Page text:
Saritha Rai visits Infosys's giant Mysore training centre to gauge how outsourcers are using education to maintain their edge in challenging economic times.
Just before nine o'clock every morning, thousands of twenty-somethings stream across an expansive landscaped campus - past the Domino's Pizza, the 24x7 library, the official merchandise store - and into large classrooms. A hundred or so file into one room, firing up their computers as their lecturer clips on his microphone and gets started on a two-hour session about Java technologies.
This could be a university classroom anywhere in the world but it isn't. It is the sprawling training centre of India's second-largest outsourcing company, Infosys Technologies, which boasts $4.6bn in revenues and 104,000 employees, at last count.
The 336-acre expanse, with its capacity to train 14,000 people, is likely to be the largest dedicated corporate training centre in the world. Even global outsourcing rivals would find it hard to replicate this scale in other offshore centres like Ireland, Russia or Vietnam.
But despite its grandeur, the campus has not been able to insulate itself from the effects of the global recession.
Given Infosys's extensive hiring - peaking to 10,000 or more new hires during some quarters - it has no option but to take on fresh university graduates. And the chosen ones are not handed an appointment letter and herded to their work desks. Instead, they are bussed off to the training campus in Mysore, a three-hour drive from Infosys' headquarters in Bangalore.
Infosys executives say intensive employee training gives the company an edge over its rivals. "It helps us meet and exceed customer expectations while maintaining our competitive edge," says Mohandas Pai, director of human resources at Infosys. "When a global customer is experiencing different suppliers, our employees come out differently," adds Girish Vaidya, senior vice president and head of the Infosys Leadership Institute.
At Mysore, first-time visitors to the training centre may think they have walked into a corporate Disneyland. The campus features a geodesic dome-shaped three-cinema multiplex, a vast palm-tree-lined swimming pool, an eight-lane bowling alley, a floating restaurant and a huge gym. The residential quarters are laid out in letter shapes that spell 'Infosys' from an aerial view. (See our exclusive photos of the Mysore campus.)
One awestruck recent hire gushed that his first visit to the campus was like "entering the gates of heaven".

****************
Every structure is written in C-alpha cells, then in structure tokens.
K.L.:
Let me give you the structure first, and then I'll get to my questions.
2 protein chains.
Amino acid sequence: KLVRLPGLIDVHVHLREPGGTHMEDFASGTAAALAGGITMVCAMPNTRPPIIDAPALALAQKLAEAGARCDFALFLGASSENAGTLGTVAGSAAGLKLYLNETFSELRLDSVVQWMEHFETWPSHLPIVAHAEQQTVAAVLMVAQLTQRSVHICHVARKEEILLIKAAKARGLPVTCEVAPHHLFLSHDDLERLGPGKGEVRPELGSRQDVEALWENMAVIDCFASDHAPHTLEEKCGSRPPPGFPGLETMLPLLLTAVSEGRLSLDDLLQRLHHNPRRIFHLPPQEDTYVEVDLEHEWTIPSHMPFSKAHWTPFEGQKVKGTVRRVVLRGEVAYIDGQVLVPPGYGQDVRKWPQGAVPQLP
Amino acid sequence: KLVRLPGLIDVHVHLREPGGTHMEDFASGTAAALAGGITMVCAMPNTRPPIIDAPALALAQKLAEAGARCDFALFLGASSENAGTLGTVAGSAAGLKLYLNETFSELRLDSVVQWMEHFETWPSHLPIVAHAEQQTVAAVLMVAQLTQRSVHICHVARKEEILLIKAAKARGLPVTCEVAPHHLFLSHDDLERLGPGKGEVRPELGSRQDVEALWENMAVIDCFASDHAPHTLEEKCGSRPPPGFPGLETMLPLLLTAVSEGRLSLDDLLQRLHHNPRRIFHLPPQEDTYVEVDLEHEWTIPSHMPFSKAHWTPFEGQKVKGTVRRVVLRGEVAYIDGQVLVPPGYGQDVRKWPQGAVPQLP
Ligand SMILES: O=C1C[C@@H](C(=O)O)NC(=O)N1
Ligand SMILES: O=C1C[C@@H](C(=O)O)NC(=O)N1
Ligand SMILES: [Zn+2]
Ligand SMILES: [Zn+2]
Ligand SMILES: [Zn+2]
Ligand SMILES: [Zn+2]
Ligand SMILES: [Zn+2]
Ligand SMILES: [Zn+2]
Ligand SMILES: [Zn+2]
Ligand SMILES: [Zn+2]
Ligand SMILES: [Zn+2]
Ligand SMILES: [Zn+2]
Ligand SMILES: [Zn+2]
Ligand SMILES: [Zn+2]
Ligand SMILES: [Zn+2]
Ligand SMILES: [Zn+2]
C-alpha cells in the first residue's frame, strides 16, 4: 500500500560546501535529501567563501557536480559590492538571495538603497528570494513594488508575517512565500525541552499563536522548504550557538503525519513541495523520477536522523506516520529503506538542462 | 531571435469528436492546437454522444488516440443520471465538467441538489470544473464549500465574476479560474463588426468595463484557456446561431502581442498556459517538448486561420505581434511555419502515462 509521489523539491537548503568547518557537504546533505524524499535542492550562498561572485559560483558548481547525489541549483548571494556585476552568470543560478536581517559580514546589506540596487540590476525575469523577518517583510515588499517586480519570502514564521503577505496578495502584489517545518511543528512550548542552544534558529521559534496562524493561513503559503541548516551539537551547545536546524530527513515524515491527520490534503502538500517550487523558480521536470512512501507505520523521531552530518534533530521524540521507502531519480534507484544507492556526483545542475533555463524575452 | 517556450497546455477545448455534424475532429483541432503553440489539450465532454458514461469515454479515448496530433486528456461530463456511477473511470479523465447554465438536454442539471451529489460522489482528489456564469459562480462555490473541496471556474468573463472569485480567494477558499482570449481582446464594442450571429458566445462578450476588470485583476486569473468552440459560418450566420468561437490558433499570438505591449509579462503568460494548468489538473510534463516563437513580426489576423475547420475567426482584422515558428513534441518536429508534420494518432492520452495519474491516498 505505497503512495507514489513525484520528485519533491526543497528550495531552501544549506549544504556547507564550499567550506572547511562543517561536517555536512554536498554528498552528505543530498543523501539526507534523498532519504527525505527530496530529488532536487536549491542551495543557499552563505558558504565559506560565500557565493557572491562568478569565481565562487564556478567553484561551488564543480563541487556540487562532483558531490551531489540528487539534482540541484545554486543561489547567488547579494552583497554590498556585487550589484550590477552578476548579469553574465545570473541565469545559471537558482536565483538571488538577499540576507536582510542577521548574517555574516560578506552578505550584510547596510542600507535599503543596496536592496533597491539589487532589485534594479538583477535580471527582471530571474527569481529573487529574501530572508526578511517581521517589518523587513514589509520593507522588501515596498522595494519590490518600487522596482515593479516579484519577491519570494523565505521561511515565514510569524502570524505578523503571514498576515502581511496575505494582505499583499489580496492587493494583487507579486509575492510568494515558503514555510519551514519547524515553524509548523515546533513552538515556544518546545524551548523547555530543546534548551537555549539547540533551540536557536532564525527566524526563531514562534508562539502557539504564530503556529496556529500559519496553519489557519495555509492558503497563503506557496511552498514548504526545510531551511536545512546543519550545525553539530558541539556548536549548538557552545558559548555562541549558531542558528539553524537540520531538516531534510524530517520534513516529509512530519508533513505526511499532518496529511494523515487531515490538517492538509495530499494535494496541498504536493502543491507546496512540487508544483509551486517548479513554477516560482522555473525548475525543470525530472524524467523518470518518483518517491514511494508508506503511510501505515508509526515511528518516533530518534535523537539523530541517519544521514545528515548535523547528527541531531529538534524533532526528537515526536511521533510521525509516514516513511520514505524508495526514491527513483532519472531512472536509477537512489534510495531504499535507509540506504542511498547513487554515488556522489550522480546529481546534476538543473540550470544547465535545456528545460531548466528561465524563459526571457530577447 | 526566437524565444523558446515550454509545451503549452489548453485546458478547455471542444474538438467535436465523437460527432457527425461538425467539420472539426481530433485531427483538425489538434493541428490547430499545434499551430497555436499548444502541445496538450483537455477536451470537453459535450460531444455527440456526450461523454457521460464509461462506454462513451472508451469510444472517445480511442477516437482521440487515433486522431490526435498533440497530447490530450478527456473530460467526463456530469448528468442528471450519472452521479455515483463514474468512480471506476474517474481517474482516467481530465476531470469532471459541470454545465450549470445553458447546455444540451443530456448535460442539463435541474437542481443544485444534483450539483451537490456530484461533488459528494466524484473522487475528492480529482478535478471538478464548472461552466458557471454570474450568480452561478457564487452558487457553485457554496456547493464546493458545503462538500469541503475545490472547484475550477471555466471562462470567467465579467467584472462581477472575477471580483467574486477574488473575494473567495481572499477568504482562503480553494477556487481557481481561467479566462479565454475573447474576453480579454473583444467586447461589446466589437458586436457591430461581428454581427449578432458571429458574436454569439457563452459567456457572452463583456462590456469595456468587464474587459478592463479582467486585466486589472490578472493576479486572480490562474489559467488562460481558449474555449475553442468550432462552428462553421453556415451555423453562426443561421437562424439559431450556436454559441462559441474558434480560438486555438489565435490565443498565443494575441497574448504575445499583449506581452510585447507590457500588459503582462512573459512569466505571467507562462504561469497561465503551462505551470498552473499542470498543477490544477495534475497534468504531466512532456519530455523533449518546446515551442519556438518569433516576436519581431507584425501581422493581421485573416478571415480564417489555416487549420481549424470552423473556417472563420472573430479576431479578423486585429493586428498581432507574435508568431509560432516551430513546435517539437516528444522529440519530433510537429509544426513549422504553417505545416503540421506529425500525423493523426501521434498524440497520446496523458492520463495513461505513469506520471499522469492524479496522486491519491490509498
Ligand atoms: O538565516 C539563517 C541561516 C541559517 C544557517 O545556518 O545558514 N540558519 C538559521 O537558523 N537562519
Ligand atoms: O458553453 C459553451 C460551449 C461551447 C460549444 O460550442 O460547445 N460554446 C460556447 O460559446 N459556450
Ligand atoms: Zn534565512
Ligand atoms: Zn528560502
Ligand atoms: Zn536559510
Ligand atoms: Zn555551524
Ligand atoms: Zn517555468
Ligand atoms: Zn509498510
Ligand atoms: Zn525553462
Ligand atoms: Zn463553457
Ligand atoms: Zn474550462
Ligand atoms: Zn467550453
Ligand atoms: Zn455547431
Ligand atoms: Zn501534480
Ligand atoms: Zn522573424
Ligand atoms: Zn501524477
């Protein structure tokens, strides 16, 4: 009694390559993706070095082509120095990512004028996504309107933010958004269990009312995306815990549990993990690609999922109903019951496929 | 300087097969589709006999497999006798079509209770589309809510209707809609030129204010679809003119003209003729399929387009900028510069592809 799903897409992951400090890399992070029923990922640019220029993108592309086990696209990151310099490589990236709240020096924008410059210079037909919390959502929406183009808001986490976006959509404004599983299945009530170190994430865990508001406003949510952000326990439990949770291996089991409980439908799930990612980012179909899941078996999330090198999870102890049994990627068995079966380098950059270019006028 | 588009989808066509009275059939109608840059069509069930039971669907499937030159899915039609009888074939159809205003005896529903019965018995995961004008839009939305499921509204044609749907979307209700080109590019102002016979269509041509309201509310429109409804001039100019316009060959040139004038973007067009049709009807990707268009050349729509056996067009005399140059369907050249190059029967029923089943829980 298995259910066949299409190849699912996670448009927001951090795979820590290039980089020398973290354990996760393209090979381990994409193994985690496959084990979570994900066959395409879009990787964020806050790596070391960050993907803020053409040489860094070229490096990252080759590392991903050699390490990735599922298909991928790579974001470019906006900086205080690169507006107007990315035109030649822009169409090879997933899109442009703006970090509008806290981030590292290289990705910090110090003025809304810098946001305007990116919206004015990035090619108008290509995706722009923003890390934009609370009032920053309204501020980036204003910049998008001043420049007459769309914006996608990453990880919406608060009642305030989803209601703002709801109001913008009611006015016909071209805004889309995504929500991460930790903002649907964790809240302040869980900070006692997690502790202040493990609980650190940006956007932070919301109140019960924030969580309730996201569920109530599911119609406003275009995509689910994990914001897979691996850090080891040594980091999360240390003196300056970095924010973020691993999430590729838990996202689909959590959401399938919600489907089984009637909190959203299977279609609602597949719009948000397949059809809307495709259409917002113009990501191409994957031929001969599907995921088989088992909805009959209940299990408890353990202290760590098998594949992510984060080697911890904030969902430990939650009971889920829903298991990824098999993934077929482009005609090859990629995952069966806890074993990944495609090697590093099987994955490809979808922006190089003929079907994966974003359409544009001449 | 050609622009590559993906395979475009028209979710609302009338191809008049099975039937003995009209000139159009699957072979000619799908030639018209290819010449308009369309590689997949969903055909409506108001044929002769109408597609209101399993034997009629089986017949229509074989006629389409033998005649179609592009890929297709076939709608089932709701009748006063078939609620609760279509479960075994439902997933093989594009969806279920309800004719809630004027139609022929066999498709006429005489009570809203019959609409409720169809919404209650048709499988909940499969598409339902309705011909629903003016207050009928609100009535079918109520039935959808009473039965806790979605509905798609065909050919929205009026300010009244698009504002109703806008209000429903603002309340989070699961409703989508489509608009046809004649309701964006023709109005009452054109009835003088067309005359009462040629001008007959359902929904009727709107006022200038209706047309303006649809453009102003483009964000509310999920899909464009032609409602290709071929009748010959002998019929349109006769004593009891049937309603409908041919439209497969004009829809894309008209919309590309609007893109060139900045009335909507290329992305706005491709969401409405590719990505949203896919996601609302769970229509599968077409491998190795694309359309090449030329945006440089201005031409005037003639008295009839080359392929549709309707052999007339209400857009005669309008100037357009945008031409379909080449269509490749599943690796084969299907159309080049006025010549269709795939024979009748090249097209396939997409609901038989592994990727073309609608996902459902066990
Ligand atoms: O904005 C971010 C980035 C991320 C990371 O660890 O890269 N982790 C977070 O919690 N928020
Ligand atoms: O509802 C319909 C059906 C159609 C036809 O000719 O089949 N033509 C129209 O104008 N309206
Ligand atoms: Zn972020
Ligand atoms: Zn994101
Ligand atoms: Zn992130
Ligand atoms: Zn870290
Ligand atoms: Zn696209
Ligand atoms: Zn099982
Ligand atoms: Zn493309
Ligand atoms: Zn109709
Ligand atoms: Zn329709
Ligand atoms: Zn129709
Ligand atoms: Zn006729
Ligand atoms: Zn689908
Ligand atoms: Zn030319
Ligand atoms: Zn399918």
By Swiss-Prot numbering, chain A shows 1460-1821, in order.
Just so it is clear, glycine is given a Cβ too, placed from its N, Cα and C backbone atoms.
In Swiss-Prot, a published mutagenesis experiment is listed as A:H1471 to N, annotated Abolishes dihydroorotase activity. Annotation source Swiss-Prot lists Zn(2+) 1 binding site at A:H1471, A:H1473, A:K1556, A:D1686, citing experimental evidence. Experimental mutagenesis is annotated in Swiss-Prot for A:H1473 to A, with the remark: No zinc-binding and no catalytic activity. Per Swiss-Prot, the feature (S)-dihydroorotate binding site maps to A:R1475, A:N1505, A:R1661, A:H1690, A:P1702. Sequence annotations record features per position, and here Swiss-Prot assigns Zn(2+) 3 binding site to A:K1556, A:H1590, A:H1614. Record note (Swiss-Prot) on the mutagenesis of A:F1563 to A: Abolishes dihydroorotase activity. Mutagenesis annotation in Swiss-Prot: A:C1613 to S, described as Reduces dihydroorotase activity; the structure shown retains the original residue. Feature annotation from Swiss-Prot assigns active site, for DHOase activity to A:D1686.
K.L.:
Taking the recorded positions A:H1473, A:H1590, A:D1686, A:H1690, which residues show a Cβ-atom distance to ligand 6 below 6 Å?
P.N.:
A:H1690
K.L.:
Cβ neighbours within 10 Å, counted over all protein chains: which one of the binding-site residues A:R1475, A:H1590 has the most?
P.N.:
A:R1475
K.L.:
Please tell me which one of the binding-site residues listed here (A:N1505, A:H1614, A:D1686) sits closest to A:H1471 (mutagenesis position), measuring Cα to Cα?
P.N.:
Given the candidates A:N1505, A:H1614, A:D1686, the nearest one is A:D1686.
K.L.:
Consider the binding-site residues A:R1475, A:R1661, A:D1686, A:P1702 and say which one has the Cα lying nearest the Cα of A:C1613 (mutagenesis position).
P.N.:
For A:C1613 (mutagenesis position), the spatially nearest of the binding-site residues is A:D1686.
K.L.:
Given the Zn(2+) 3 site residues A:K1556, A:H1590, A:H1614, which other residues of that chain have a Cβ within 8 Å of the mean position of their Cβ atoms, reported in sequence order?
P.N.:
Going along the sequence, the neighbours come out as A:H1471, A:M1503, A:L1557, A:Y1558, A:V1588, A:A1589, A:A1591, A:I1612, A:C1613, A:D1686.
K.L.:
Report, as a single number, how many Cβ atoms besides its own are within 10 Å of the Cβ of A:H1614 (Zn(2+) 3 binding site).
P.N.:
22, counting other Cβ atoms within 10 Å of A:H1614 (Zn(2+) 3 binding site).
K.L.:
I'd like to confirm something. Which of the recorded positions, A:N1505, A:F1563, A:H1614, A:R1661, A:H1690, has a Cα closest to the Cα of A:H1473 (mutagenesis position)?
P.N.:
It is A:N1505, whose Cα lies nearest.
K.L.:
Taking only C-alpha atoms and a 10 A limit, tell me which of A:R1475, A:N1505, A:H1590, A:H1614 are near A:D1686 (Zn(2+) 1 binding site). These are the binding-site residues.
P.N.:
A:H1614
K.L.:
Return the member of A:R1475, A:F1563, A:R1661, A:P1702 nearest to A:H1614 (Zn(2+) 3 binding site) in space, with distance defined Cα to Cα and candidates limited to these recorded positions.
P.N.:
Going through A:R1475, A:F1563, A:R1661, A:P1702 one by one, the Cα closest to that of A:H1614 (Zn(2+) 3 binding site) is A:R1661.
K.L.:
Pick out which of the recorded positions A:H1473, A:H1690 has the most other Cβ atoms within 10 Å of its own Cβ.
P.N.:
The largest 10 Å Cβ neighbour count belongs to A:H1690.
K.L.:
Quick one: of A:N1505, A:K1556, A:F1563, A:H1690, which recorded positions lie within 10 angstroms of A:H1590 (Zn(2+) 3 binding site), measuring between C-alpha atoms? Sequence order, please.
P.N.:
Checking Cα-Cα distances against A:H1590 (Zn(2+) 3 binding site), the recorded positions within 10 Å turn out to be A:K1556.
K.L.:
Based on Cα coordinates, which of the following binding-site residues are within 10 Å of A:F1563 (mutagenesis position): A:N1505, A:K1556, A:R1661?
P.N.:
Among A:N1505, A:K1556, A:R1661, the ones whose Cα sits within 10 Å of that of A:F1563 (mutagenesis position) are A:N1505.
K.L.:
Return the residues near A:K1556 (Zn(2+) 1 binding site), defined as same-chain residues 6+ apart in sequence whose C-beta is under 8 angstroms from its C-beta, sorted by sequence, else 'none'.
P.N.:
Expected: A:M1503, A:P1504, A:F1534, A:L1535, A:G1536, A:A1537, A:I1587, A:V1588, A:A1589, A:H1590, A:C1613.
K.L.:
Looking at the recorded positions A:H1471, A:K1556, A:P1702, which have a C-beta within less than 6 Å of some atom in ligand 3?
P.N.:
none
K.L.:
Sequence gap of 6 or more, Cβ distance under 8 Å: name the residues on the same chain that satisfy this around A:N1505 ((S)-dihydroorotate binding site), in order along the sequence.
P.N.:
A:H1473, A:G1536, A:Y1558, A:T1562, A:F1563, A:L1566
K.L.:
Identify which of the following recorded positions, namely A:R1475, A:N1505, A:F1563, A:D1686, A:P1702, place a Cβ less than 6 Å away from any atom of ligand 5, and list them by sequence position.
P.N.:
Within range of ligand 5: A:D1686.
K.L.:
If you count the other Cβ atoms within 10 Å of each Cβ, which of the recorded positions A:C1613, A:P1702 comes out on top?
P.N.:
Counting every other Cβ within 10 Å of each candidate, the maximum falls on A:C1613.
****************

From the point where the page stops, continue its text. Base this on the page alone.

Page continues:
The buildings have a Las Vegas-style showiness. The largest of them, a Greco-Roman edifice, can train 9,500 individuals on any given day. One of the two Infosys global education centres on campus, the building houses one million square feet of training facilities, including 84 100-seater classrooms, three 200-seaters (named after Silicon Valley luminaries such as Moore, Chambers and Jobs), five examination rooms, an induction hall for 300 trainees, a library with 60,000 books, a cybercafé for 230 and a basement food court that can seat 1,700 diners.
Nearby are opulent buildings shaped like Origami art and sleek glass-and-steel structures reminiscent of Sand Hill Road in Silicon Valley. The landscaping is pristine. Students amble down garden walkways and bicycle along the well-laid out paths.
"Many of my classmates dreamed of getting into Infosys," describes Sharmila Ramamoorthy, 21, a trainee hired from an engineering college, after graduating in electronics engineering. Last year, 500,000 applied but less than four per cent managed to pass the gruelling entry test, which is comprised of maths, logic and analytical questions.
Overseas visitors often wonder why Infosys built such a huge training infrastructure in a country said to be brimming with skilled talent. But India's higher education system can be outdated and out-of-sync with the hiring demands of multinational companies.
Indian offshore outsourcing providers like Infosys and TCS pride themselves on making employees 'customer ready' and use training as a key differentiator between themselves from the multinational players such as Accenture and IBM, says Arup Roy, a senior researcher at Gartner India. "Training is definitely one of their levers," he says.
Evidently the showpiece training campus in Mysore, like Infosys's vast corporate headquarters in Bangalore, is designed to impress. Infosys has to make an impact not just on…
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Saritha Rai is an India-based journalist and commentator who covers technology, business and society from her ringside seat in Bangalore.